INKPOT#67 CLASSICAL MUSIC REVIEWS: “Black Christmas” – Spirituals in the African-American Tradition (ESS.A.Y)

Spirituals in the African-American Tradition

Behold the Star
Rise Up, Shepherd
Mary Had a Baby
Rockin’ Jerusalem
Glory to the Newborn King
Sister Mary Had-a But One Child
Mary was the Queen of Galilee
Sweet Little Jesus Boy
My Lord, What a Mornin’
Wasn’t That a Mighty Day
Mary Had a Baby
Lit’l Boy (Christ in the Temple)
Glory, Hallelujah
Reign, King Jesus!

Thomas Young tenor Vanessa Ayers mezzo-soprano Robert Mosely baritone
Chorus directed by Ronald Isaac Dinard Smith piano

ESS.A.Y Recordings CD1011
[45’16”] full-price

Includes full texts with translations in English.

by Ng Yeuk Fan

The black slaves comprised diverse African tribes each with its own distinct language and cultural traditions. Upon their capture and transport to a new land, their culture was modified, subjected to pressures in an alien environment and also from influences of the land of their captors. Out of these changes grew the folksong of an epic stature – the “Negro Spiritual”. Alternately bearing the slaves’ burden and his hopes that his Lord would set him free, the Spiritual is a song that ultimately speaks of universal love. Love that “at once binds us together, sets us free, anchors us within ourselves, transports us out of ourselves, rouses and stirs our spirit and brings us peace.” It is a song to take the human being “past consolation and towards light.”

'My Song', by Katy Kianush

Right: “My Song”, by Katy Kianush. Copyright 1992 K. Kianush. This and other paintings by the artist are available from the Art Arena on-line Gallery.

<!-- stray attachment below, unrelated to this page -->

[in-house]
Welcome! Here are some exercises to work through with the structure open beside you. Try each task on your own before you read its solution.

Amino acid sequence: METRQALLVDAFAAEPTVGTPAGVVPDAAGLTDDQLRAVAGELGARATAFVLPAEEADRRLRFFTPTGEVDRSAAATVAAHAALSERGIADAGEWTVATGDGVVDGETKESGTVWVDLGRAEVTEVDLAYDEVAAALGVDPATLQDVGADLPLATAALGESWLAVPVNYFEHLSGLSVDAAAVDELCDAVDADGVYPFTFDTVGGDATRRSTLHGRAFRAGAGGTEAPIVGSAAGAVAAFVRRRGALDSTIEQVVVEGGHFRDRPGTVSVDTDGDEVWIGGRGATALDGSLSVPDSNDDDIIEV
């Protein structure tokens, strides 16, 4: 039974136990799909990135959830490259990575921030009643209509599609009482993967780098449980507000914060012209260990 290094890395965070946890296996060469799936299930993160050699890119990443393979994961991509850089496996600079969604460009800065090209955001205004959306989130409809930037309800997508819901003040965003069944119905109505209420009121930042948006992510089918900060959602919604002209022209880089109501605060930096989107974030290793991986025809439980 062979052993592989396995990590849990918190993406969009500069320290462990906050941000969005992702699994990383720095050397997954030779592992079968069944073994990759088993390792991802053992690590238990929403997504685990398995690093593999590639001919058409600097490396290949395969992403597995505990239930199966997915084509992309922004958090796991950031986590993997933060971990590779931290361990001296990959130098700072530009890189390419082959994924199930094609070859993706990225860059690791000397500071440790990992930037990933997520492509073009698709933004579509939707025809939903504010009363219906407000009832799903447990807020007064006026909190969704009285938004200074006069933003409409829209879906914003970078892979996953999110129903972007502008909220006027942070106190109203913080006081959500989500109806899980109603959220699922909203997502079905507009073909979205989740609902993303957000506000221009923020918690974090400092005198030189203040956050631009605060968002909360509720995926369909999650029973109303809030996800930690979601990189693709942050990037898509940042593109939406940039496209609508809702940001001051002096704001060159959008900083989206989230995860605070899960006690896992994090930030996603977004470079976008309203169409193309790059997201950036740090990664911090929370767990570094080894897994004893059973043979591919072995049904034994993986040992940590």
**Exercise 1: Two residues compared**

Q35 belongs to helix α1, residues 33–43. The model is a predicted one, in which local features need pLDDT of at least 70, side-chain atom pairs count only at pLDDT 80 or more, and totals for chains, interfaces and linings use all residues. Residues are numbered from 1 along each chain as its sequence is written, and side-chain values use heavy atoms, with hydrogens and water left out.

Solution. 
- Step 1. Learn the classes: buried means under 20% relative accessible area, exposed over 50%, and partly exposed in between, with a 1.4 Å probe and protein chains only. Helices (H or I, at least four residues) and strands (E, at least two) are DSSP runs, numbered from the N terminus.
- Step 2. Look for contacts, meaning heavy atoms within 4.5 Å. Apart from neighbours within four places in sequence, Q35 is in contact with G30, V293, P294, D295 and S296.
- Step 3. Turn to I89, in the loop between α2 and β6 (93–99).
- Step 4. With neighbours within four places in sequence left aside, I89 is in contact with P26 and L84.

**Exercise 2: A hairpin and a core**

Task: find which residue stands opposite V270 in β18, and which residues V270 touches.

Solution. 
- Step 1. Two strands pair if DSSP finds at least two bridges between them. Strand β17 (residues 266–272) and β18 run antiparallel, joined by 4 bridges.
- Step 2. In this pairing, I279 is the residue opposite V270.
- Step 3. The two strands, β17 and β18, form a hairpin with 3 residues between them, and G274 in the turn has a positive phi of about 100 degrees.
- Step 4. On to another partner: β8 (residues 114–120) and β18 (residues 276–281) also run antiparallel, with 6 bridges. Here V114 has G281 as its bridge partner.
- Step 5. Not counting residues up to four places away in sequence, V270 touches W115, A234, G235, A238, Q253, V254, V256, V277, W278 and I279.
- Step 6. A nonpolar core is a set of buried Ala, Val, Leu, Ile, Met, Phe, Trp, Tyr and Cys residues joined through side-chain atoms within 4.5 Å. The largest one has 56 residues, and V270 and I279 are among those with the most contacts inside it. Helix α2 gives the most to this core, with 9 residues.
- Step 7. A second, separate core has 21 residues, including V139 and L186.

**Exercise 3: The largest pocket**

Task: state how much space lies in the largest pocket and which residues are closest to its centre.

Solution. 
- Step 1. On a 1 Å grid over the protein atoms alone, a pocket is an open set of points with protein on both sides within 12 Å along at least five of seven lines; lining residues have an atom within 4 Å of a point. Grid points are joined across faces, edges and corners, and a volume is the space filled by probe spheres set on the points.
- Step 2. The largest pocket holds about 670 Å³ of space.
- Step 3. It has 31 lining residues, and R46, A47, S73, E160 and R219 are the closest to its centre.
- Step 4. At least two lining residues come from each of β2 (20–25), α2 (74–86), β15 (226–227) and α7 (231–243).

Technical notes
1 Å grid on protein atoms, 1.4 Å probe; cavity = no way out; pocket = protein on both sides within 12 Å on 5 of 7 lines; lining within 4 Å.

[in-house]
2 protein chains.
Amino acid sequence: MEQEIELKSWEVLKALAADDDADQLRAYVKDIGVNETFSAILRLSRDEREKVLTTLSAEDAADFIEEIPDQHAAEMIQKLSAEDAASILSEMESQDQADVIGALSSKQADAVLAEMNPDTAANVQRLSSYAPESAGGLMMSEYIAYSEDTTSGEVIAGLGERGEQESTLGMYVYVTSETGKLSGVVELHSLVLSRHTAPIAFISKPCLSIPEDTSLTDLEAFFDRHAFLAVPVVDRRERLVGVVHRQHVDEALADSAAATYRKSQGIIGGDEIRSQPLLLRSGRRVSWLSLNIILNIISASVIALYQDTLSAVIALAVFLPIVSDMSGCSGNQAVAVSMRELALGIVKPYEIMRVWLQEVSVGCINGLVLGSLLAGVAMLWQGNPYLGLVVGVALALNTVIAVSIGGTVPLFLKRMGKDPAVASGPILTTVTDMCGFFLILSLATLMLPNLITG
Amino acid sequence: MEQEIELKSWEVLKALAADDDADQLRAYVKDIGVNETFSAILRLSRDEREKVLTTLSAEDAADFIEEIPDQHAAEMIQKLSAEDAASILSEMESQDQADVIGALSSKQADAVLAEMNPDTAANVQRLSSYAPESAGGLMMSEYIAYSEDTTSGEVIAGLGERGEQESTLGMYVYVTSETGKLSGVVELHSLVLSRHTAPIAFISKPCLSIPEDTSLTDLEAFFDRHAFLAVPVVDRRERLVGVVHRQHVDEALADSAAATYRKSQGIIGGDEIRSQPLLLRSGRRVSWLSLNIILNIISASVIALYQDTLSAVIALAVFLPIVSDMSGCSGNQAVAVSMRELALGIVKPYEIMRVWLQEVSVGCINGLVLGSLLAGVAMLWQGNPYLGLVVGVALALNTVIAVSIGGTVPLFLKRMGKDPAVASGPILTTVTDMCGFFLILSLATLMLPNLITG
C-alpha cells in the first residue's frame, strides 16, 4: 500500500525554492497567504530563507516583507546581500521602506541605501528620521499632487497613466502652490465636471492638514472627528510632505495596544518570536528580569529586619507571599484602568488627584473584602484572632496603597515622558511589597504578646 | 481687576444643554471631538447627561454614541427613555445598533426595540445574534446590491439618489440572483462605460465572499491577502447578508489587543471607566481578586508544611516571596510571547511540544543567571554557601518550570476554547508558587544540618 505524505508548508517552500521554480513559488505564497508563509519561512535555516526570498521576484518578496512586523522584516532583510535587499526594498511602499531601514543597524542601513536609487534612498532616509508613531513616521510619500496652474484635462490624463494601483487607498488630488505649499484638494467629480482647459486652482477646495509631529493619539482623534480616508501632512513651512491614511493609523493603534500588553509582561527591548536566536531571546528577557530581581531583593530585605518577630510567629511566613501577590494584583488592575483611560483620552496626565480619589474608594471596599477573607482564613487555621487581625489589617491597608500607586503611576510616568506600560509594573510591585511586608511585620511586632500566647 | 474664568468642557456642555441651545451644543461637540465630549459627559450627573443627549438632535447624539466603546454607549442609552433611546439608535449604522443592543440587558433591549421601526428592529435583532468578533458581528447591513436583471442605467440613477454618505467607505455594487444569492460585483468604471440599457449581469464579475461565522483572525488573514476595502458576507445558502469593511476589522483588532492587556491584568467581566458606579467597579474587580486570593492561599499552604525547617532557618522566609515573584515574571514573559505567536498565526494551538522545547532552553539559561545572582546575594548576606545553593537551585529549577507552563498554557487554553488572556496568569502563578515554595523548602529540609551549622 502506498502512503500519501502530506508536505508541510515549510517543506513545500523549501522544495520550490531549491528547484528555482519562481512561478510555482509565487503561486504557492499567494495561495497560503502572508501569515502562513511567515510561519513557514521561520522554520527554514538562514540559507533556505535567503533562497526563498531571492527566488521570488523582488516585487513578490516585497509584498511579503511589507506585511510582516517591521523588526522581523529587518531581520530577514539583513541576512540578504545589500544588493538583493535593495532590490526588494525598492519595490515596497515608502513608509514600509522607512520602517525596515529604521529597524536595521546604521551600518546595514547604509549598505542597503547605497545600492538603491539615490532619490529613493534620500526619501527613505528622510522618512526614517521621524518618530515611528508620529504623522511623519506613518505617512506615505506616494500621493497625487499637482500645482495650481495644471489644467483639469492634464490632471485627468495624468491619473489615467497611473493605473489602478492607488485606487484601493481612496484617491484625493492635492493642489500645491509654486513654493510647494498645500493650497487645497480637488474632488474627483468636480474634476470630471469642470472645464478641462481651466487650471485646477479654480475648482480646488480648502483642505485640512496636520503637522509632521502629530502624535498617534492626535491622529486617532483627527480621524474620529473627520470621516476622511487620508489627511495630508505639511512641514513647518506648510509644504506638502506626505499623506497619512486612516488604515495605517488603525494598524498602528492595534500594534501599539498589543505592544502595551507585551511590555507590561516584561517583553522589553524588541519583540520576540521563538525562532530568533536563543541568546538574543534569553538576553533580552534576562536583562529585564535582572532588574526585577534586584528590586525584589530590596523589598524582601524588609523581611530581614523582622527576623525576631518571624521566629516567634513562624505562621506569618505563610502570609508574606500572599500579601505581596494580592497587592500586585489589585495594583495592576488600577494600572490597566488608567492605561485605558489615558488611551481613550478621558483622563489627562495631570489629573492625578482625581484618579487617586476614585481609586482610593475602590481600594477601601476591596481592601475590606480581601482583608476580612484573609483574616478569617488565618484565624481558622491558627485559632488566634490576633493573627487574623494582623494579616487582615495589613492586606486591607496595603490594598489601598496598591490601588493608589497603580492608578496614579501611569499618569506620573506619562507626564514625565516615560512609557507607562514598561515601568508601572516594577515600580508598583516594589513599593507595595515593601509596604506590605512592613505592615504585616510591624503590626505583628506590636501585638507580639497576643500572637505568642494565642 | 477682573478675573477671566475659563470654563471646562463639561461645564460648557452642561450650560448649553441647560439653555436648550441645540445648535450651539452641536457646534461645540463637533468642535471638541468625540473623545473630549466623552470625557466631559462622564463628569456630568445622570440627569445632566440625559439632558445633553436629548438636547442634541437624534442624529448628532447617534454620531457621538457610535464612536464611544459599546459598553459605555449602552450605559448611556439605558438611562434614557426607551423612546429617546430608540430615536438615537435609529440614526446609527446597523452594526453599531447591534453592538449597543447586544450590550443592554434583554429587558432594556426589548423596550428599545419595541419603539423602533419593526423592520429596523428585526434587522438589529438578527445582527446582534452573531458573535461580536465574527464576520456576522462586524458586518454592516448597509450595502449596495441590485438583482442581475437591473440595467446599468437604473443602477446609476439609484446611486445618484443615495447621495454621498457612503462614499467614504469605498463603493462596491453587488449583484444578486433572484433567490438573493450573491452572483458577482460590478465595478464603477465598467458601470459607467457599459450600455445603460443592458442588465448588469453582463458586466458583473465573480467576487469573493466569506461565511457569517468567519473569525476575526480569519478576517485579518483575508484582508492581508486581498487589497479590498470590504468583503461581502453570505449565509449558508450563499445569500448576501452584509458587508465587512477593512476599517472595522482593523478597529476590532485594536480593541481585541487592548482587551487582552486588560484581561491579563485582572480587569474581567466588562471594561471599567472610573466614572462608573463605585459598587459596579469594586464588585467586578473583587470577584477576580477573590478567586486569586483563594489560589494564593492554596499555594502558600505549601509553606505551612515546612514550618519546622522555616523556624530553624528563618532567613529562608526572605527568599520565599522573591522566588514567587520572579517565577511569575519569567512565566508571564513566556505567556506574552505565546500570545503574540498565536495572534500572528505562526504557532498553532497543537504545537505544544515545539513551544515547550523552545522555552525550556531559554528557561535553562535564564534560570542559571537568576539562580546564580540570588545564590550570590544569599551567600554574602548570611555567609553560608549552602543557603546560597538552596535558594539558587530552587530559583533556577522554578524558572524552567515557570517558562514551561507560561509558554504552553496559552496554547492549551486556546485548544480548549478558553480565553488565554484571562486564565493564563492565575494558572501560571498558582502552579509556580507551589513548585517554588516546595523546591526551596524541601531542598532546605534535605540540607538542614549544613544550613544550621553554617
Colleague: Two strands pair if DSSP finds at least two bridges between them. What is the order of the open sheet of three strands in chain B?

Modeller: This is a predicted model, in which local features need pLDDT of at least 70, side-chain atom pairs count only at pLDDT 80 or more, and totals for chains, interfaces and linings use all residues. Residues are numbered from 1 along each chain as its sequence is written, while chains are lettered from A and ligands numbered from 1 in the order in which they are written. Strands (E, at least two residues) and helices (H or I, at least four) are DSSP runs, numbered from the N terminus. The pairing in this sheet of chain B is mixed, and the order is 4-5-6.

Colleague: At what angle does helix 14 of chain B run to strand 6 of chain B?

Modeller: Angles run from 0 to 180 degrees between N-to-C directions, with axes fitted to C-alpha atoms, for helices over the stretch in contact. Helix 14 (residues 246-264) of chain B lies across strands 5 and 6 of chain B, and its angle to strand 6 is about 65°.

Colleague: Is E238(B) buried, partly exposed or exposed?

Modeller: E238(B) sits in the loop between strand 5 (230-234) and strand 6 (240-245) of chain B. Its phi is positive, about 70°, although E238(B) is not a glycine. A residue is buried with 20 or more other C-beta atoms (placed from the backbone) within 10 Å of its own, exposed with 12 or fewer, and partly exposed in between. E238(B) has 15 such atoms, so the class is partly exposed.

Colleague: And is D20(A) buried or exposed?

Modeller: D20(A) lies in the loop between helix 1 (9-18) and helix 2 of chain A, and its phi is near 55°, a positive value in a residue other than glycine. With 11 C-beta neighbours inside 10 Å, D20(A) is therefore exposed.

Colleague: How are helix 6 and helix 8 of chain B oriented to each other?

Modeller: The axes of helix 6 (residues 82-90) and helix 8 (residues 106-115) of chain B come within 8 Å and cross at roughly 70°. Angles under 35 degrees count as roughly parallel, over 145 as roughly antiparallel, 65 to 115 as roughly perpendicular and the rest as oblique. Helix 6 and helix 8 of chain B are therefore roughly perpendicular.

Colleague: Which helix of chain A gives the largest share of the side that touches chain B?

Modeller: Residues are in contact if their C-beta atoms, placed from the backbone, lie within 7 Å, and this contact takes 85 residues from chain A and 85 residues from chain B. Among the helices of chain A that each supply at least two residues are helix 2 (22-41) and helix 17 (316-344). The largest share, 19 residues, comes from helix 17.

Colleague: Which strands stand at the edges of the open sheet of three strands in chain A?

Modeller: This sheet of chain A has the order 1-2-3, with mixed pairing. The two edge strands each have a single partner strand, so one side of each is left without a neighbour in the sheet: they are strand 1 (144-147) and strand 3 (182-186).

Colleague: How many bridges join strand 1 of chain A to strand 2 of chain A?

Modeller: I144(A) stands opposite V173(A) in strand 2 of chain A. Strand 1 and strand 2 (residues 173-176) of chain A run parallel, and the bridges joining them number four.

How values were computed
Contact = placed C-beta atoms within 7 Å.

On a casual comment I made regarding the passionate and soulful singing that these native blacks were known for, my friend had this to say, “Theirs is a unique culture… take a whole group of human beings, transplant them onto a foreign land; make them work hard labour and oppress them for hundreds of years – never letting them taste freedom nor wealth… how else can these humans be?”

It is therefore understandable that though more than a century has passed since the abolishment of slavery, the Spiritual has maintained such power and has been established as a unique form and style of music. The songs presented in this recording can nowadays be commonly heard in concert halls throughout the world, in schools, universities and churches. Truly, in the performance of these songs, one is made aware of the cost and the joy of the Spiritual.

If we are a total stranger to these experiences, we can still be aware of these issues historically. Further, this music has a universal appeal and message.

Thomas Young made his New York City Opera debut in the world premiere of X in dual roles created for him by the composer Anthony Davis and is set to return as Aron in Schoenberg’s Moses und Aron. Equally adept at standard operatic repertory and the more esoteric Baroque roles, Young has been made the first artist-in-residence of the Philharmonic Virtuosi (New York).

His is a persuasive tenor voice with a nice bright ring in the top register. Though his chest sound is a bit lacking, his warm tone and sound technique lends authority to these moving Spirituals. Especially so is his rendition of Lit’l Boy – it is sung with much subtlety, caressing the notes, as if he was holding the tiny 12-year-old boy in his arms. Sister Mary Had-A But One Child is inwardly inflective and Young paints a certain stoic loneliness in his voice – aptly measured to evoke the too-quiet manger in which Jesus was born. This is in part helped by the evocative playing of Dinard Smith on the piano.